By Lamees Al Ethari, PhD, a lecturer in the Department of English Language and Literature.
Watching Syrian refugees arrive in Canada these past few weeks has ignited memories of displacement and migration for me and my family. I am not a refugee. I have not been stranded in UN camps that provided the basic needs for human survival. I have, however, lived through the traumatic experience of war and displacement. I have stood for hours at the borders of neighboring countries and pleaded with officers as they rummaged through my clothes and threatened to send me back on the long, dangerous route to Baghdad that seemed to never end.
As an Iraqi, I lived through both Gulf Wars and was forced in 2006 to find some way out of the country in order to escape the constantly rising violence and instability that plagued Iraq. We left Baghdad with three suitcases of our belongings and a prayer for better days to come. The experiences of trauma and displacement were not issues that we easily overcame or dealt with. At times, I feel that I can still smell the scents of morning as I wake up at my grandfather’s home surrounded by family. At times, I am jolted awake by memories of American troops raiding our streets. I am always burdened by mixed feelings of unquenchable longing for a home that is no longer there and a life that has dissolved in the midst of conflict, fear and hate.
I do not believe we will ever fully recover from that experience; however, through supporting each other and finding support in the communities that surrounded us, we were able to focus on moving forward and constructing a new sense of belonging and identity here in Canada. We have learned to establish a home and a way of life that integrates our culture and our beliefs with the diverse cultures and beliefs of those around us here in Kitchener-Waterloo.
The excitement and interest surrounding the arrival of Syrian refugees that I have witnessed in the past couple of months is heartwarming. People in our communities are doing their best to support the cause both here and abroad. However, as the excitement recedes, we have to acknowledge some issues when we deal with these families and individuals. While there is no formula to follow when dealing with people in such traumatic situations, we can still keep in mind some of the following points:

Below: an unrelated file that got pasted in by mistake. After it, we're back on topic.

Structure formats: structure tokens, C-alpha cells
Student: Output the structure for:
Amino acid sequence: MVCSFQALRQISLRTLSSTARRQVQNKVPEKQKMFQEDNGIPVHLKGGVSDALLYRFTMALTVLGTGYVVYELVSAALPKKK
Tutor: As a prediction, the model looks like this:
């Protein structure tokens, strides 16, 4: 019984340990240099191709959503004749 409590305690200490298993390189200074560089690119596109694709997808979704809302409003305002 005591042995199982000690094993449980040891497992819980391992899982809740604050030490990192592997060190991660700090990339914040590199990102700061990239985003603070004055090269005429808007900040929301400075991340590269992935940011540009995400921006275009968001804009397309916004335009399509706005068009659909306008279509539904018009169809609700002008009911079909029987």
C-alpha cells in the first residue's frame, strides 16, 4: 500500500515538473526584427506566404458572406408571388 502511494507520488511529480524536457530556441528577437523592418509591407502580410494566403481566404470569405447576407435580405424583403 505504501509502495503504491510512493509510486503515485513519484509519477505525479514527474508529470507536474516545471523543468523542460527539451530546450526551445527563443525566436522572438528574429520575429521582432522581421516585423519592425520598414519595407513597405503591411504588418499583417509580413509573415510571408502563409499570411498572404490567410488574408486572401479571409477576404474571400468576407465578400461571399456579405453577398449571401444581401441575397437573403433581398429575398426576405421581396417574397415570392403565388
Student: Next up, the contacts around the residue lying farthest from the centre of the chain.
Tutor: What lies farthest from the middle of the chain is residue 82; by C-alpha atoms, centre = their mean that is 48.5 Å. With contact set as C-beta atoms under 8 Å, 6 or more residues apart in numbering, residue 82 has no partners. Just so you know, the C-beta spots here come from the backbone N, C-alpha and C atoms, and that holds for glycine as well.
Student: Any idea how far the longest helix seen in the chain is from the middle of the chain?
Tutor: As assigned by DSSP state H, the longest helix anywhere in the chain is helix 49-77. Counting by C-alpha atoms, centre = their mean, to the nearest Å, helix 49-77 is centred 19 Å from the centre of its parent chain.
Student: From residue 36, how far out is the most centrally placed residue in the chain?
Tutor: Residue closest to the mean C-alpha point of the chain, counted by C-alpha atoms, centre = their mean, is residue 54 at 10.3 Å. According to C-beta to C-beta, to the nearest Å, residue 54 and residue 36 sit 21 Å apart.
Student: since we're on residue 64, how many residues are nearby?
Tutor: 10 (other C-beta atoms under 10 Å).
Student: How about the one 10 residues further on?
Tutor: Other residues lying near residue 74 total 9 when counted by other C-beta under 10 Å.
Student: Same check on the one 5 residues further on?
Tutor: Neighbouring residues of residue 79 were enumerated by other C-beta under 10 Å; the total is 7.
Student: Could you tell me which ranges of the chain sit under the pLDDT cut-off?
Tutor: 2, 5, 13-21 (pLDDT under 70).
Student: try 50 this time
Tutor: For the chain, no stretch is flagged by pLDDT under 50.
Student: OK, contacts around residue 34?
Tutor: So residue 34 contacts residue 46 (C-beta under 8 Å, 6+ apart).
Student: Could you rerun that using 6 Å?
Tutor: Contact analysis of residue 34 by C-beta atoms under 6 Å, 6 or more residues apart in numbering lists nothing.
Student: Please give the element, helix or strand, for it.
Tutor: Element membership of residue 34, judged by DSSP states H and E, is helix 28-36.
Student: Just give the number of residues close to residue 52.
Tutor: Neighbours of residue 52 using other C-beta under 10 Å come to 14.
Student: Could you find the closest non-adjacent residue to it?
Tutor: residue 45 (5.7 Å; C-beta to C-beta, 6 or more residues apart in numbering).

- First and foremost, remember that these people may have suffered the loss of family members and friends, the loss of traditions and culture, and of course the loss of home. They are struggling with accepting this loss and are most likely traumatized.
- The whole concept of a new “home” is in itself traumatizing. Trying to adjust to new weather conditions, new positions in society, and a new sense of identity is not an easy shift. That little hyphen (Arab or Syrian-Canadian) is heavy with issues of confusion, acceptance and belonging.
- Although everyone thinks about the topic of language, not many focus on its ability to create a strong sense of isolation. The inability to express certain emotions or certain concepts because they cannot be translated is very difficult. The language barrier plays a major role in leading people to avoid socializing and adjusting.
- Canadian and Middle Eastern cultures are different, but that does not mean that these people have been isolated from the world. Arab culture and Arab media have evolved greatly in the past few years and people have come to accept many aspects of Western culture.
- That said, however, many families still hold to strict cultural and religious ideologies because they were raised within societies that enforced them. The idea is to accept who they are, not change them.
- The process of adjustment will take time. That sense of gratefulness may not easily surface because there is so much to take in during this move to resettle and adjust.
On March 15 at the Kitchener Public Library (7–9 pm), Lamees will participate on a Faculty of Arts panel addressing global and local perspectives on the Syrian and other refugee crises.